Central Voice

Linking LGBT Communities In Central Pennsylvania And Beyond

Featured Blog Posts (7)

God Is ...

Let me begin with the acknowledgement that you may substitute any other more palatable word for “God” in this discussion. Many people still see God as the old man in the sky who punishes us if we’re bad and blesses us if we’re good (maybe…if He’s feeling so inclined).

In the New Thought Movement we have a very different concept of God as an intelligence with which we have a direct connection. But, if Spirit, Divine Love, Universal Intelligence, or something else works better for you,…


Added by Terry Drew Karanen on April 20, 2012 at 12:02pm — No Comments

I love Avon.

Yes I am a guy who loves Avon and cells it too.
Just got signed up for this site so this is the first thing I could think of.

Added by Patrick Conway on May 2, 2012 at 5:38pm — 1 Comment

"With All Due Respect..."

Have you ever used the phrase, “With all due respect?” You have haven’t used it yourself you may have heard it in a TV program, probably uttered by an indignant subordinate unsuccessfully attempting to assert him- or herself, or perhaps two attorneys vying for position in a heated discussion.


It is what we hear after “With all due respect…” that is more telling than the phrase itself. What follows the phrase is frequently anything but respectful. Often those words are…


Added by Terry Drew Karanen on September 16, 2011 at 2:04pm — No Comments

Civil Union

My fiance' and I are looking for a local place in Harrisburg to get married outside in the fall does anyone have any suggestions, as to locations that are available?

Added by Rebecca Andrews on July 8, 2010 at 8:55am — No Comments

I just wrote a letter to Rep. Joe Pitts. He's trying to distance himself from the seeds he helped sow in Uganda.

Rep. Pitts,

As a Republican and Christian, I was encouraged to learn of your letter to Uganda's President Museveni. I agree with your assessment that their proposal (that would impose life sentences and/or the death penalty on those accused of being homosexual and impose jail sentences to anyone who does not report "known homosexuals.") is antithetical to the Christian spirit of love and mercy.

However, I question your motive for writing the letter, when taken in context… Continue

Added by Mark Stoner on January 6, 2010 at 7:34pm — 1 Comment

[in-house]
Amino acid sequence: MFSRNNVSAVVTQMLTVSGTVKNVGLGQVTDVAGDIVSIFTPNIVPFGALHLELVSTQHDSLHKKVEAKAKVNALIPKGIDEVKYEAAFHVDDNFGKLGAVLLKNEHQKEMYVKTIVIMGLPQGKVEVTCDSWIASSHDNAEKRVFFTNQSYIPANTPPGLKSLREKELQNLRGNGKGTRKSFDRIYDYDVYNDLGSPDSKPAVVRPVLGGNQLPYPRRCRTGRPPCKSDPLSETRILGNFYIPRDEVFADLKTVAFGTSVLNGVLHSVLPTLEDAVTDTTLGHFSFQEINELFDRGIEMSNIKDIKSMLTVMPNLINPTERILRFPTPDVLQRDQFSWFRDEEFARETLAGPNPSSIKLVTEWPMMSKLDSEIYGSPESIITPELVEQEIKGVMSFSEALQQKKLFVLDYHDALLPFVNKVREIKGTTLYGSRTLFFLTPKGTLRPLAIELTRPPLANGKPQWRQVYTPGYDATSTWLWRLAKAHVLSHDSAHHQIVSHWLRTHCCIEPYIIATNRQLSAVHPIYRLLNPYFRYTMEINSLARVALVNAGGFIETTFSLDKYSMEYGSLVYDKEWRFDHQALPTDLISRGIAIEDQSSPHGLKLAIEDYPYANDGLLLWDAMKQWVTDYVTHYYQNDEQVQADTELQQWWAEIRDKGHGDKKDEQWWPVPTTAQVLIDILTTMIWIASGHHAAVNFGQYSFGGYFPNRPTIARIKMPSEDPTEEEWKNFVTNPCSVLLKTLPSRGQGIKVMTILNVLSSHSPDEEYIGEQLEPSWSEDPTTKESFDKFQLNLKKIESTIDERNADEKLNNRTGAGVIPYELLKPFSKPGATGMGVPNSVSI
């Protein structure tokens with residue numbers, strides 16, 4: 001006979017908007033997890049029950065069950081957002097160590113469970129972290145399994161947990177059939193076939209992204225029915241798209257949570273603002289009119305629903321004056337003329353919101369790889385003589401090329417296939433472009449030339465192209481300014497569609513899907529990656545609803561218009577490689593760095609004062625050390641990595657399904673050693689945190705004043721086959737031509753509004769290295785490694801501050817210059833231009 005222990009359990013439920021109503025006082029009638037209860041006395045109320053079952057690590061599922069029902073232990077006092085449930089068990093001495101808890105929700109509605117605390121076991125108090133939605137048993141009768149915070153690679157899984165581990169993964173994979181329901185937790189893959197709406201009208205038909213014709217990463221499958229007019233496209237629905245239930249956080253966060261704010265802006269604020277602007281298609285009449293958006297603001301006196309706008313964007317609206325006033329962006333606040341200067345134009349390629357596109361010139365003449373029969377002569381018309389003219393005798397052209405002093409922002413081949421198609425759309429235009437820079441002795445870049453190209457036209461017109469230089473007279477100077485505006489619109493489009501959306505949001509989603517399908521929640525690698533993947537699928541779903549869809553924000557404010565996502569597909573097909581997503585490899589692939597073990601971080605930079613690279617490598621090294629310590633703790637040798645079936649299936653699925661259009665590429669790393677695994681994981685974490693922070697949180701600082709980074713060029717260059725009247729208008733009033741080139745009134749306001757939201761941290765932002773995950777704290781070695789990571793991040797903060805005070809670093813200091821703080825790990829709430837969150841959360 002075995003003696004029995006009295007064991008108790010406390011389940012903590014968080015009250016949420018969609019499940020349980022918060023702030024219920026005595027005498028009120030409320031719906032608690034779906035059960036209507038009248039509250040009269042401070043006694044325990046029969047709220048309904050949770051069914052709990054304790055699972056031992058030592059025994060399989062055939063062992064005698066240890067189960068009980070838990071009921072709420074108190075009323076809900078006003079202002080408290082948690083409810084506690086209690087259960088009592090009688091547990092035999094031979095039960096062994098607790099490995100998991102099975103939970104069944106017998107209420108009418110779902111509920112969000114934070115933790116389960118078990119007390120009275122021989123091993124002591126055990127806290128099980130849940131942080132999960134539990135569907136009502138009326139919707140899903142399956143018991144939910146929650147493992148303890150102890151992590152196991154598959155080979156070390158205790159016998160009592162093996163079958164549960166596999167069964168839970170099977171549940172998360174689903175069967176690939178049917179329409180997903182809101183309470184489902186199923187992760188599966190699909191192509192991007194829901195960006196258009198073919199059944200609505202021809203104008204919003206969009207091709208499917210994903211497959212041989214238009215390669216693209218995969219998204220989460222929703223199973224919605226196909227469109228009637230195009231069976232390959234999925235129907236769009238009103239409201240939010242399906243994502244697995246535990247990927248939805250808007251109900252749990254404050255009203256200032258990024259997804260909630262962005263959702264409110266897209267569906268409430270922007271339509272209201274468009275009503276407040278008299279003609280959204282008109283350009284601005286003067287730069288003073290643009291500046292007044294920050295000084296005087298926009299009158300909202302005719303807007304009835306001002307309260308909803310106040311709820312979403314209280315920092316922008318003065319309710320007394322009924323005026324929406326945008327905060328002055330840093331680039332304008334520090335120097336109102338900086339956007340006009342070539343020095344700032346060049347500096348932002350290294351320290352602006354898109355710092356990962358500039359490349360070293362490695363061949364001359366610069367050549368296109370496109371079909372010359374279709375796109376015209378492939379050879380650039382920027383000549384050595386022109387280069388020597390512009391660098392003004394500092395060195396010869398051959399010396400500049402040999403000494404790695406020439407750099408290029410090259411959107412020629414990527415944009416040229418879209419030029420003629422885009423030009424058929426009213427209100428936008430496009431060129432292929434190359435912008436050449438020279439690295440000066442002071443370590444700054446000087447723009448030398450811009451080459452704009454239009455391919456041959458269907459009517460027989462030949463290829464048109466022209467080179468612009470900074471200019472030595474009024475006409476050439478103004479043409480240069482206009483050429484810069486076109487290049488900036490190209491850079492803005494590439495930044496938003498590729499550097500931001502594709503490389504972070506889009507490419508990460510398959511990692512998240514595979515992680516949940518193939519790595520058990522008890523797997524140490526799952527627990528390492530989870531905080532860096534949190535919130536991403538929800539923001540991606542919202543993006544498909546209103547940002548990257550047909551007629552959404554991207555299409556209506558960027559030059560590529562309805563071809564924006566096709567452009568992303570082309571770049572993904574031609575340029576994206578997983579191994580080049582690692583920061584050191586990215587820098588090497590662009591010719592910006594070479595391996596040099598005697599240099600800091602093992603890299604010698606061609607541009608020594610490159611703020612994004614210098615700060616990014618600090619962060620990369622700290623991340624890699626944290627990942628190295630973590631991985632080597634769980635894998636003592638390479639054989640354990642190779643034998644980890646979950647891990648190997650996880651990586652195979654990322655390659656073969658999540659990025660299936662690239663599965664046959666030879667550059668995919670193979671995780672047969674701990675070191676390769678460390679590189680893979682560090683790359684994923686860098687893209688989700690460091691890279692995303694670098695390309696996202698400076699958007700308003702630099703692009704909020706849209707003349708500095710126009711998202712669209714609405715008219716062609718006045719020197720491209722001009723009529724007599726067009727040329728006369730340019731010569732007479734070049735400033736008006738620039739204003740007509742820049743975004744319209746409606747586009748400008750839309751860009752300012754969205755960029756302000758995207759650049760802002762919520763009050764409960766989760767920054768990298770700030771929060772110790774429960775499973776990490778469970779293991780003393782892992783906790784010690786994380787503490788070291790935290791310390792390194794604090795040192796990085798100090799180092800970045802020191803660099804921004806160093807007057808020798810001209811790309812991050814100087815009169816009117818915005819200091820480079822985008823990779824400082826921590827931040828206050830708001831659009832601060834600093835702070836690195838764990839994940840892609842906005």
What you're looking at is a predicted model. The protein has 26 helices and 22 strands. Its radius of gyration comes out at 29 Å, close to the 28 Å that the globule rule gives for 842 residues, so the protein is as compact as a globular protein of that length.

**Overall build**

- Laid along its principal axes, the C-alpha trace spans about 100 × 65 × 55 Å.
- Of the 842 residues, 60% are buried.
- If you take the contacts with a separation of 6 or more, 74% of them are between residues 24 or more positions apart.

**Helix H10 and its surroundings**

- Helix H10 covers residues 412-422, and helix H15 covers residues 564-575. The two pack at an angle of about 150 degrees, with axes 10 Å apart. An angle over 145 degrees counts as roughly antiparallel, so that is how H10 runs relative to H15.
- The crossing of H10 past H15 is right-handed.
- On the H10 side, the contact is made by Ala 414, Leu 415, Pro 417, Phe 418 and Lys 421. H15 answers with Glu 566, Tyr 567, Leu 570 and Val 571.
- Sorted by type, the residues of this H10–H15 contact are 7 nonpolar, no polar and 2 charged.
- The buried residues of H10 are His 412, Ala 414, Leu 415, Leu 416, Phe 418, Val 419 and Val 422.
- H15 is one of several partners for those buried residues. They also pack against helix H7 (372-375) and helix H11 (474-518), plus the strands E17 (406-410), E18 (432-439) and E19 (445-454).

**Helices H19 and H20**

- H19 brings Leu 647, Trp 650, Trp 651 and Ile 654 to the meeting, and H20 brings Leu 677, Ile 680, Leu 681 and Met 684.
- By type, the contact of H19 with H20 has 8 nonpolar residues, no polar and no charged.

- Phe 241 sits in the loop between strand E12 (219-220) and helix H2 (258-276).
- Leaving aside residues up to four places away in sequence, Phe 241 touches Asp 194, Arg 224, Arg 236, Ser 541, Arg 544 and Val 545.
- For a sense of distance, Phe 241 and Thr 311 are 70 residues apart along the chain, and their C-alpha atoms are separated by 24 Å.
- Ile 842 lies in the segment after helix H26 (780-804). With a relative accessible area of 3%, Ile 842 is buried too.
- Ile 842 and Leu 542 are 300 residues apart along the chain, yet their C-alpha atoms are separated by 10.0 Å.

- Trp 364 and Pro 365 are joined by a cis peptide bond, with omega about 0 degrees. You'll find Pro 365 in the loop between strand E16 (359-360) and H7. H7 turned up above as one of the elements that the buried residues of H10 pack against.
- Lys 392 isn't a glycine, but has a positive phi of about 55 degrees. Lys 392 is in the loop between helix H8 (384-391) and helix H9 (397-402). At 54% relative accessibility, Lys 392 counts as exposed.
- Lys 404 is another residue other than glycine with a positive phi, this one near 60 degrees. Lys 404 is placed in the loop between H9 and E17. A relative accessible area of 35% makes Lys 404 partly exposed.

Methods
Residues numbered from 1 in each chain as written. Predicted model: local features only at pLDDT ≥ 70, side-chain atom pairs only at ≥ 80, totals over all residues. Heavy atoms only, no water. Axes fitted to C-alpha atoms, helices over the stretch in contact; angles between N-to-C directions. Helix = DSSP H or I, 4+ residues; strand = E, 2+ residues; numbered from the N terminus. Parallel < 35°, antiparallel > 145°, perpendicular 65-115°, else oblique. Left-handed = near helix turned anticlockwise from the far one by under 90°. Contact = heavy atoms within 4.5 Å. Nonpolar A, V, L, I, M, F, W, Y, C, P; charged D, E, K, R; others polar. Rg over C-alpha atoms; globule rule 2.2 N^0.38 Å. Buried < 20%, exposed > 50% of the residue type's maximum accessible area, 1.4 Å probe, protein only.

Community Engagement on HIV Policy: Are Town Halls Meaningful Enough?

By Catherine Hanssens, Center for HIV Law and Policy

This article is part of a special series this week focusing on HIV and AIDS in the United States. RH Reality Check is partnering with CHAMP, the HIV Prevention Justice Alliance, and organizations such as the Center for HIV Law and Policy to highlight issues on domestic HIV and AIDS policy while several thousand people attend the National HIV Prevention Conference in Atlanta, Georgia.

One of the highlighted events during… Continue

Added by Frank Pizzoli on August 25, 2009 at 9:48am — No Comments

Take a Hike?

ISO a group or some buddies who like moderate to challenging hiking and maybe a little trail running if you don't mind waiting at the finish for the world's slowest runner. Burgers, beers, sushi or cocktails afterward but no sleeping in tents on the ground. I'm looking for athletic butch sissies or sissy butchies... Is there a compatible group around? Anyone want to get together to form… Continue

Added by Lewis Maurer on July 9, 2009 at 7:30pm — No Comments

Local Author's Book Makes Top 10 Gay Non-fiction List

Called a "must read," Michael Long's book on gay pioneer Frank Kameny has been chosen as one of the Top 10 gay, non-fiction books for 2014. Gay Is Good: The Life and Letters of Gay Rights Pioneer Franklin Kameny by the Elizabethtown College professor is a "must-read for anyone interested in the history of the gay rights movement” says Publishers Weekly.

Harvard University's Michael Bronski, a staple in the world of gay history, said: “The LGBT movement has been blessed with an amazing array of passionate, provocative, colorful, dedicated, and sometimes infuriating women and men. Frank Kameny is certainly one of the most important. Michael Long’s magnificent book captures the breadth of the movement and the specificity of Kameny’s life and importance.”